Saying you don’t understand what #OWS wants sounds precisely alike to me as when people say, “I don’t understand computers/science/math, it’s too hard.”  Were you just supposed to know it intuitively?  No, you have to go read about it and study and research it.  There are two billion articles about why #OWS doesn’t have or want a simple list of demands.  There are plenty of theories about whether they should seek specific issues later or just try to organize at this point.  It should be noted that the Tea Party kind of fell off the rails once it was co-opted by politicians, was confronted for its fringe elements, and came up with its specific list of demands.  Specific demands alienate people who were on board with some ideals but not others.

So saying you don’t understand #OWS is an intellectual cop-out.  I am disappointed that master’s-level students would use this argument.

Issues of The Occupied Wall Street Journal
Another point which some of the group members who presented brought up was that while #OWS may not amount to much, it is still important in itself.  The beauty of seeing the General Assembly, of seeing humans together, figuring out systems of hand gestures for communication or innovating low-tech solutions, forming working groups, blending internet viral activism with Occupied Wall Street Journal newspaper tactics; this is really important stuff.  If I had kids, I would want them to see that shit.  I would want them to see humans self-organizing, sharing, communicating, seeking a shared future.  When I went to Zuccotti Park and to the Washington Square Park protests, that was the real deal fucking Holyfield, seeing humans do what they do best: transfer information.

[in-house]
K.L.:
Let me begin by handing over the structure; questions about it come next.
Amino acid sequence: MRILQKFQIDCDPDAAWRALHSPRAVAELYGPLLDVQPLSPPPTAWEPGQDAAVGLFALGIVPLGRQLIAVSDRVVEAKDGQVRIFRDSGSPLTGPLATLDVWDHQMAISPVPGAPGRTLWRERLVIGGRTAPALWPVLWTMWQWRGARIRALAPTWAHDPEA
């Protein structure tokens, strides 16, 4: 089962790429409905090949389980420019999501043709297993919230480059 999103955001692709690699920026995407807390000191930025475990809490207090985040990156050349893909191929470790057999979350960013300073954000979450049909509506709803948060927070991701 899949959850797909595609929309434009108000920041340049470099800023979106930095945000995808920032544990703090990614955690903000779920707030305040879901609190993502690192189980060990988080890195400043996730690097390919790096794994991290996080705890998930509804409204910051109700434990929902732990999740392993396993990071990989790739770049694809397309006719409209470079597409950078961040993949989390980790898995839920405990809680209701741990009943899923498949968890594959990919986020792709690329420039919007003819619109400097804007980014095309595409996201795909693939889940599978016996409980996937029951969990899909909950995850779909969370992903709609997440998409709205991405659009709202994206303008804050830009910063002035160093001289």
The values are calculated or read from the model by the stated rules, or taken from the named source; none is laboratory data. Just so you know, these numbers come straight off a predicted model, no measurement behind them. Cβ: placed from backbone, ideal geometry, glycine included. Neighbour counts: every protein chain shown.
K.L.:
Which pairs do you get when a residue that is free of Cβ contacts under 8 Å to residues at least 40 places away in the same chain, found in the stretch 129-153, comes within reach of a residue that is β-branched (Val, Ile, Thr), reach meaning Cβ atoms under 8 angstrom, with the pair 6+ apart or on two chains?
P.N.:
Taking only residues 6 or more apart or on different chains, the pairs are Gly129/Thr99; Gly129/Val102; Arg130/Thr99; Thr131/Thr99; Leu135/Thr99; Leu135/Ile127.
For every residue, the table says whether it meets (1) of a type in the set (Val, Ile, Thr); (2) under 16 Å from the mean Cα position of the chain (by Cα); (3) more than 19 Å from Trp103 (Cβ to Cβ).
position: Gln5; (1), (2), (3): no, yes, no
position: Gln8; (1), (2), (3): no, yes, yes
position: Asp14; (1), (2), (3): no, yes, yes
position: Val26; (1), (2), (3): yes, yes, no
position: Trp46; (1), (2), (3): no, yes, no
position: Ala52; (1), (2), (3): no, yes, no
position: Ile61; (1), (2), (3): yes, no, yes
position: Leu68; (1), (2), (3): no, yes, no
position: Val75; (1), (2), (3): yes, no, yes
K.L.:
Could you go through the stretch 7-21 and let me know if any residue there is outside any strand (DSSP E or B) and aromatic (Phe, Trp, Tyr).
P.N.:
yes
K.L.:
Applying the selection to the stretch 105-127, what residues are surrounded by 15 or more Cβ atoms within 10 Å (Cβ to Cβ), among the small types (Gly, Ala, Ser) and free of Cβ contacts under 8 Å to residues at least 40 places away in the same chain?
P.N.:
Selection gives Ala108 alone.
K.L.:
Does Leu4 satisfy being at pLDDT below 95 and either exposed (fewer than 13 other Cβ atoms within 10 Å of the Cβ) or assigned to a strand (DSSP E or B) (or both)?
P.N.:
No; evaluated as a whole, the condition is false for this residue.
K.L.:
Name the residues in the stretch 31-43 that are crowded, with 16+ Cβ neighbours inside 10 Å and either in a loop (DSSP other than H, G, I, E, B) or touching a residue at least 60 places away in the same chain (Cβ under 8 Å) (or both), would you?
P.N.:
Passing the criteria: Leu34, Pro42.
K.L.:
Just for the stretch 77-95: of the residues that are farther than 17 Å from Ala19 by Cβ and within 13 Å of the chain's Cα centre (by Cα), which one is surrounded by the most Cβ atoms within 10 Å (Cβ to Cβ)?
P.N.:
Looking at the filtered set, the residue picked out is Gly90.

Some people are waiting for heroes to emerge to lead the movement.  They inevitably bring up MLK Jr. The problem is, if you’ve ever read about MLK Jr., most of his life was spent being extremely frustrated with the impact of his work.  He was thrown into fits of despair often when he would attempt to organize and galvanize people and it wouldn’t work.  It wouldn’t produce the results he wanted, either from getting the majority out into the streets, or in achieving political results.  It wasn’t until things magically came together at some of the larger national protests that his voice took root and now the legend has taken over.  But MLK Jr. was depressed during most of his time during the Civil Rights Movement.  Being a “hero” is often a lonely experience.  It ended in his assassination, and in JFK’s, and in RFK’s.  If that is not a somber message about the role of heroes, I don’t know what is.

Counter of People Worldwide Offering Support
Anonymous has been interesting.  It plays a fringe role in the Occupy movement, while it was pretty much center-stage on its own a year ago because of Wikileaks.  I doubt many people actually saw V for Vendetta (like they didn’t see the Tea Party rallies or #OWS events either) which is the basis for the Guy Fawkes Anonymous masks that you see more and more these days.  I think one of the most poignant scenes in that film is when the girl in the Anonymous mask is killed after she is caught putting up graffiti. After that, the social contract between the public and government breaks down, and the movie concludes with a sea of Anonymous masks converging in London, eventually overrunning the police and unmasking themselves to return to their real identities.  Anonymous is some kind of Hobbesian manifestation that bothers people in that it reminds them that the strongest, most powerful man is still just a man, able to be brought down by the weakest, least important of men.